Now, having travelled a bit throughout Asia in recent years, I realise that this is nothing special. Most countries who have strict drug laws have similar phrases on their landing cards. 22-year-old me nearly had a heart attack! Having reassured the air stewardess that I most certainly was not carrying drugs- she seemed a little suspicious of my rather extreme reaction- I completed the card, gathered my belongings and headed out to see what this kingdom was all about.
It’s hard to describe Riyadh. It’s like a neat grid of streets, filled with mansion-style houses and shopping malls. And everything is a sandy-yellow colour. The country is a desert, and that becomes more and more clear as soon as you leave the built-up city centre. Sand dunes and the occasional petrol station are all that can be found. The difference in wealth amongst the local people is both fascinating and soul-destroying. The rich are frighteningly rich, the poor begging in the streets moving from car window to car window at traffic lights, looking for any money that they can get.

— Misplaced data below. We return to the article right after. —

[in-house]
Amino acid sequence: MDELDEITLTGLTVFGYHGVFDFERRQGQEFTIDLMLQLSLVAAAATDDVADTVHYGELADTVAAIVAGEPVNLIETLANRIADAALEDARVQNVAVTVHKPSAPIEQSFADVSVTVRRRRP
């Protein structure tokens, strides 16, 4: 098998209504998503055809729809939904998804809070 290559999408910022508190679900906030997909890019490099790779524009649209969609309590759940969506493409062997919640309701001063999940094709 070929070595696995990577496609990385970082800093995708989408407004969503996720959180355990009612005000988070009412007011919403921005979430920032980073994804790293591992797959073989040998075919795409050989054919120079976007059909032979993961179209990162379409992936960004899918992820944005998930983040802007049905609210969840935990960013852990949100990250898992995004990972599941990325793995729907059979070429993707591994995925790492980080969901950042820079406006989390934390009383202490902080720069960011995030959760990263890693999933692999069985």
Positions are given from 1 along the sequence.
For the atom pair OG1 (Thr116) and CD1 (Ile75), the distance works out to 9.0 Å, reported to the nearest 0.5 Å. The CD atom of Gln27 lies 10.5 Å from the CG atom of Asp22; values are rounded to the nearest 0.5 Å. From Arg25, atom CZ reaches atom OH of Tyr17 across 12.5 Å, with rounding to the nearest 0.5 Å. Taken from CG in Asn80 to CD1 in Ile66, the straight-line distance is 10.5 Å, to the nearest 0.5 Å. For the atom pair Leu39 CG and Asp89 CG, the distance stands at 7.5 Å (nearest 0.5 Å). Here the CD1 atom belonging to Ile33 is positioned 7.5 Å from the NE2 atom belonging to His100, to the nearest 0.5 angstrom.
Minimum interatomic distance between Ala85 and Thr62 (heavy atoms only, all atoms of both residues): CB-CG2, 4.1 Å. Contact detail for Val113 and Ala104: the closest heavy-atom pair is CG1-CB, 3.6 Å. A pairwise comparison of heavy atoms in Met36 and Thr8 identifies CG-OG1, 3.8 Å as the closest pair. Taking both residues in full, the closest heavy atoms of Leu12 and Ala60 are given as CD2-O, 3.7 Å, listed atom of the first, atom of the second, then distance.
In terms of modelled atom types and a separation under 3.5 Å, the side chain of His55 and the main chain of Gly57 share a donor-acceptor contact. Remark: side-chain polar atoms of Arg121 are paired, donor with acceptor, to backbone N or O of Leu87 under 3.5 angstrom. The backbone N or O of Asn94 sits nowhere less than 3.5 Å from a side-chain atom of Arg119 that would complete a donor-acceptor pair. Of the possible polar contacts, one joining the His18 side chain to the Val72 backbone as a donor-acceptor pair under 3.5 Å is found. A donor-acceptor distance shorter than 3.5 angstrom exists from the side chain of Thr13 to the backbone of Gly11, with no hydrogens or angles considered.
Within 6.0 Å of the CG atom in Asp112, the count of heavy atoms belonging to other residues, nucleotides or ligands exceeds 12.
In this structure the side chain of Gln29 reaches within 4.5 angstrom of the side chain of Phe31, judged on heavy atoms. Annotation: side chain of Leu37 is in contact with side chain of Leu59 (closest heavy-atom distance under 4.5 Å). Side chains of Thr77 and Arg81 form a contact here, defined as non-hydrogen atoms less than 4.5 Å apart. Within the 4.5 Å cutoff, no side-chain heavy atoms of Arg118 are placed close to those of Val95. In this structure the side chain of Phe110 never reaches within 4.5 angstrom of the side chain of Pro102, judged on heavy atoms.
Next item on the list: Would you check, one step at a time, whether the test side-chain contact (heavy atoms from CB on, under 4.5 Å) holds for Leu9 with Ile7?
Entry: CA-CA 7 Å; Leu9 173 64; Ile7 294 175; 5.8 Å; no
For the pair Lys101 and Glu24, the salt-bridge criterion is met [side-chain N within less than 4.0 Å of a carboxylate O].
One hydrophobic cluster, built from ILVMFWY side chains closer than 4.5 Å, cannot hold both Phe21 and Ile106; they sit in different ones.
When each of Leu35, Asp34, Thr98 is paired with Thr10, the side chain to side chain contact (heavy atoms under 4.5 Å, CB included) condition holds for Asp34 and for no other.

Gender segregation was the first thing I spotted when out and about on my adventures around Riyadh. There are two queues everywhere you go- one for single men, the other for women and families. In restaurants, eating in a booth behind a curtain is normal for single women. I found it quite nice to have the privacy, but I can understand why Western women might get frustrated.